Honeywell puts large parcel up for bid

Millions in Olympic-used surveillance equipment to be auctioned off
Thursday, March 11, 2010

VANCOUVER—Now that the Paralympic games are wrapping up, Honeywell Building Solutions is beginning the final stage of its $30 million security contract with the Royal Canadian Mounted Police here: the removal of all the equipment that’s been installed to protect the 18 Olympic venues. But what to do with the roughly 1,300 Panasonic IP cameras, Computar lenses, 4,000 Xtralis PIRs, etc.?

Well, Honeywell’s going to sell them off, of course, using auctioneers GoIndustry DoveBid, the largest item disposition house in the world, the result of a merger between Dove Bid and Go Industry. According to vice president Chris Register, the Honeywell sell-off will actually be a “private treaty” rather than a traditional auction, which means end users and integrators can negotiate prices on pieces of the lot and the entire lot needn’t be purchased by a single individual.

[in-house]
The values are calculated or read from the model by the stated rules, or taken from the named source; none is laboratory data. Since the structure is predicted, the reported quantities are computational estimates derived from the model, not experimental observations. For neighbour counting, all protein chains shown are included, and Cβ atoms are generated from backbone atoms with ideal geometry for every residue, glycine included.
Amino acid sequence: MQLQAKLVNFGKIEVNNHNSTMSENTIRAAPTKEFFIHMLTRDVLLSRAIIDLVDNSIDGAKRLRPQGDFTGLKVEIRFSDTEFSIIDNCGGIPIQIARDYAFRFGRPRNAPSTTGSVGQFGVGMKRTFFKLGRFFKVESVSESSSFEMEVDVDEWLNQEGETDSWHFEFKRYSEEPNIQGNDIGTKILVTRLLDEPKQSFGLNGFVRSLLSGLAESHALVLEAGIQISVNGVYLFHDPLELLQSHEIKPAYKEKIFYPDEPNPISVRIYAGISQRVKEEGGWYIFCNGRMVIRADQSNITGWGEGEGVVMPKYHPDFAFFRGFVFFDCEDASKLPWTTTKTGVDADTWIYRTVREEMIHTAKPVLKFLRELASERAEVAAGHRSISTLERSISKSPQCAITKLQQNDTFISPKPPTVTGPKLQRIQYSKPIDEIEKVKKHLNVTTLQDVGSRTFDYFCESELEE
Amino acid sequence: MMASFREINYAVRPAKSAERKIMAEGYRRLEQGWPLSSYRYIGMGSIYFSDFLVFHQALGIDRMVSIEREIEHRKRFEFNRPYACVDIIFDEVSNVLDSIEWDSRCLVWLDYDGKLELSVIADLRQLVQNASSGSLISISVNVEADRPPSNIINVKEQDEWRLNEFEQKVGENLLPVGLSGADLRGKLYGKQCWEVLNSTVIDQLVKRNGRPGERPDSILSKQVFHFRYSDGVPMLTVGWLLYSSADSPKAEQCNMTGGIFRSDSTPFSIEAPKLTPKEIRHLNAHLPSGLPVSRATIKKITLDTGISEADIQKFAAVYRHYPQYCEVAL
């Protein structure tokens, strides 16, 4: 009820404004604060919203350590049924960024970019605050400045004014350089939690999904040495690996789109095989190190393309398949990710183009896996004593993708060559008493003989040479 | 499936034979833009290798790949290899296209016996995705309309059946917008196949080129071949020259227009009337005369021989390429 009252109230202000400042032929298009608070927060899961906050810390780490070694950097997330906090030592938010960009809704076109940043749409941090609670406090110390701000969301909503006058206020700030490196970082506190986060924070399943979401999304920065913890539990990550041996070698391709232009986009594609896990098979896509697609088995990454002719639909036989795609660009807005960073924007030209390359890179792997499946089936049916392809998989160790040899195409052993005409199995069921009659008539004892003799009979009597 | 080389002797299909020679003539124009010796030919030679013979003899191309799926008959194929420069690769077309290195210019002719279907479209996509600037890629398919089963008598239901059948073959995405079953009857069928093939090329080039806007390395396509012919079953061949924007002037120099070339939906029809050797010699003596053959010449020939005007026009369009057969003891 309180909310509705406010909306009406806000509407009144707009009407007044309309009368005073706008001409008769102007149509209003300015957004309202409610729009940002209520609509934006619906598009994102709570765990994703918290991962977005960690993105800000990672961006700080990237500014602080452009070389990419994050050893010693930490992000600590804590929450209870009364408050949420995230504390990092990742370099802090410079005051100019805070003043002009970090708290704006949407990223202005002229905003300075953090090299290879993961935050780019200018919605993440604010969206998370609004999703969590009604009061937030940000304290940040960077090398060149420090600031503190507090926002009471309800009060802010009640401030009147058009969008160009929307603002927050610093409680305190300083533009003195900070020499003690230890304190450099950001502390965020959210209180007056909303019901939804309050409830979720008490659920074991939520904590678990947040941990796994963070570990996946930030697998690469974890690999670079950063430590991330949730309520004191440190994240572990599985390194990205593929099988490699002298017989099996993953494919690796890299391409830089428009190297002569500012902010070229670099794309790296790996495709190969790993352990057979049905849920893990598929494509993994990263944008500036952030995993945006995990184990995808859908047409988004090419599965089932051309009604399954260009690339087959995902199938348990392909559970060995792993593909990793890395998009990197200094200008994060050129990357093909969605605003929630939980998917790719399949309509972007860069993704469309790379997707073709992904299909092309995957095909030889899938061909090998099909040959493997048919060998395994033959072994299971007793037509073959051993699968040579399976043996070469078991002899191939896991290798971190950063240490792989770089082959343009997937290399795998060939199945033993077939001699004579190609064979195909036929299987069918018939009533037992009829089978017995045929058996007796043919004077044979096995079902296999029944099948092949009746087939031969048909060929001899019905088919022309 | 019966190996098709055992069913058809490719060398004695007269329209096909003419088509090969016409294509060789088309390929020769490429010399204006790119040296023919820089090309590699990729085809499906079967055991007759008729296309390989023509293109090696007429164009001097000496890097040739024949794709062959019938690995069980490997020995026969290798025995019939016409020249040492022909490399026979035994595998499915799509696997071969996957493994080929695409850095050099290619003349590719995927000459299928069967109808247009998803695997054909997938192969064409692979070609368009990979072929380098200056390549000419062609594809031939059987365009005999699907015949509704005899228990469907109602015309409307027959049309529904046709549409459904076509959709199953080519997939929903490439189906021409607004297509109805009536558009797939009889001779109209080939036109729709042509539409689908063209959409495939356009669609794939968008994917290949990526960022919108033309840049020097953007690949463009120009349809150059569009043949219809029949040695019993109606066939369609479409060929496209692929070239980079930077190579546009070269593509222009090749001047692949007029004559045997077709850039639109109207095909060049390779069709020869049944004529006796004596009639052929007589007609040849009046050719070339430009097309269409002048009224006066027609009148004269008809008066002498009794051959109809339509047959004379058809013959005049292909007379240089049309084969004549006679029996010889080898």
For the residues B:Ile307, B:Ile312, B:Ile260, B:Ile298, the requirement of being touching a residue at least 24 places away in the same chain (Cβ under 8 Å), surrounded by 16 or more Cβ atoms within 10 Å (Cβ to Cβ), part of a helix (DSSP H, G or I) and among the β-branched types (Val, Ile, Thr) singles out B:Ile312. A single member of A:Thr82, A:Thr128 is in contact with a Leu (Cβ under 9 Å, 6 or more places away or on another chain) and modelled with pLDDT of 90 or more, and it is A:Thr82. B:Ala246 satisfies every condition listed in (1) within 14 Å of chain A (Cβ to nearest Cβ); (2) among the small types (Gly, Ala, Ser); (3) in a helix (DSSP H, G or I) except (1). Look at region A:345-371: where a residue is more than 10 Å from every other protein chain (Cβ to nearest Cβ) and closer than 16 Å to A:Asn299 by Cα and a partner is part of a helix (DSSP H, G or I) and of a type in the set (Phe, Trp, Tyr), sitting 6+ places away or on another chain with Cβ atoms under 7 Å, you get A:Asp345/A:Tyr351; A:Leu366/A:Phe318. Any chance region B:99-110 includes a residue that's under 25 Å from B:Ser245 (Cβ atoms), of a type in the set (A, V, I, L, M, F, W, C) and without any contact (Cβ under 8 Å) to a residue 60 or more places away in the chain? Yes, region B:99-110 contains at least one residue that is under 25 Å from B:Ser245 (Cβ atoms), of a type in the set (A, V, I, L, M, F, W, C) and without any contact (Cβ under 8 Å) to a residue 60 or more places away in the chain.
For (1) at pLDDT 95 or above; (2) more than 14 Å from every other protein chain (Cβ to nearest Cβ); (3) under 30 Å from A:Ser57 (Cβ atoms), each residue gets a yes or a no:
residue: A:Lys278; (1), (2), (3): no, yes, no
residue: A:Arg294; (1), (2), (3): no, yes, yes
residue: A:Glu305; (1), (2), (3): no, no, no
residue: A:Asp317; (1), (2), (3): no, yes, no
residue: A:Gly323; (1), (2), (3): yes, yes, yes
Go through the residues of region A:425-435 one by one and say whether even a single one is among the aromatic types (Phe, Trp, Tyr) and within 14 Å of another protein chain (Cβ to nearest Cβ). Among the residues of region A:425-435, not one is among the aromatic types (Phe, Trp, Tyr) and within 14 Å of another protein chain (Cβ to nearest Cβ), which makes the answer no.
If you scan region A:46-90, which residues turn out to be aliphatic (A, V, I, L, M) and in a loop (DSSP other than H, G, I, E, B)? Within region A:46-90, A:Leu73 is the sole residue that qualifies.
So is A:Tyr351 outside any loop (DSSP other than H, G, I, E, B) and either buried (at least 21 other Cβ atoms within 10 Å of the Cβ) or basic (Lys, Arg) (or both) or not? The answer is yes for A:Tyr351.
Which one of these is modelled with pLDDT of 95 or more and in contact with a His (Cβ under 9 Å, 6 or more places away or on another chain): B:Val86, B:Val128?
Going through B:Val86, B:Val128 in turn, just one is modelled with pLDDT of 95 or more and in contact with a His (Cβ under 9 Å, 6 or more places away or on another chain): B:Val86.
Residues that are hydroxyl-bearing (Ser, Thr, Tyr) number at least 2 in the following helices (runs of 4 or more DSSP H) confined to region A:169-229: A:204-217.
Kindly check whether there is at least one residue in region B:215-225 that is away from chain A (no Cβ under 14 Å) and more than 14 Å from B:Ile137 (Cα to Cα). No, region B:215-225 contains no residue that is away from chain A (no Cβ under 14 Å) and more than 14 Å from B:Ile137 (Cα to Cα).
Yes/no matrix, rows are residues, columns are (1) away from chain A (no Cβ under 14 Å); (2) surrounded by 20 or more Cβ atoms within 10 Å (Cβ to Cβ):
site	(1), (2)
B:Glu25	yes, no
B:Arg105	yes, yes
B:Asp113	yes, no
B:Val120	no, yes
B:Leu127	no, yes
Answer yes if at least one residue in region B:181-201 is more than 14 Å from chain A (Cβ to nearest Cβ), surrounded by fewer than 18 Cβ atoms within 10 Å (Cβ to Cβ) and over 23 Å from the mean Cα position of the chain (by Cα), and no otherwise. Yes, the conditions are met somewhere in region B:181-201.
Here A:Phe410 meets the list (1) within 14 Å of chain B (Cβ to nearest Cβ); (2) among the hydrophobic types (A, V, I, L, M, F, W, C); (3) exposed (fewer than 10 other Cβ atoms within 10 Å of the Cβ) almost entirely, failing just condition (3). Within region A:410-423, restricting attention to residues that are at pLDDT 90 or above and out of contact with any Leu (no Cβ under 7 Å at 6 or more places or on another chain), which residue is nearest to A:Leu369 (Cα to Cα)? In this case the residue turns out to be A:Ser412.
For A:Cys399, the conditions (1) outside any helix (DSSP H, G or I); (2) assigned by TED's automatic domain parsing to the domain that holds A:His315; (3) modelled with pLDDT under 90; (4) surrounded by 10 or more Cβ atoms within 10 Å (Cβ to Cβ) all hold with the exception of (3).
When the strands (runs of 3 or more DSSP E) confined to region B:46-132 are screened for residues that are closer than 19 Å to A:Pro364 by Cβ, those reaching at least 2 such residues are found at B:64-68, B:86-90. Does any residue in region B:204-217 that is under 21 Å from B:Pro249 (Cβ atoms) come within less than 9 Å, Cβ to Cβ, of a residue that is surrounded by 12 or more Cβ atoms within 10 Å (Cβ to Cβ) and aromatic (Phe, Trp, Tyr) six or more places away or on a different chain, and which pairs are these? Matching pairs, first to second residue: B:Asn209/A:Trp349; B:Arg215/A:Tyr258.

“It’s like a liquidation,” said Register. “We’ll be calling our clients and we’re doing a global marketing campaign and companies that are interested in the equipment can come and gauge what they want ... We want to deal with a lot of end users and maybe dealers who have clients that they know are at a certain price point that we need to get to ... They can get a nice discount on buying it new.”

While he’s still unsure whether the warranty remains on the products, Register said everything has been repacked in bubble wrap in the original packaging and the equipment is all “like new.”

While he wouldn’t put an estimated value on the entire package, he said Honeywell probably paid roughly $8 to $10 million for the equipment as a whole. “I’d like to get as much as possible for my client,” he said. “It’s all about who’s interested and what they’re willing to pay. If we see a ton of interest we may want to put this into a competitive bid situation, maybe 200 units at a time or something.”

There is no end date for the sale because Register said he didn’t want everyone to wait until the last minute. “It’s first come, first served,” he said.

Interested parties can visit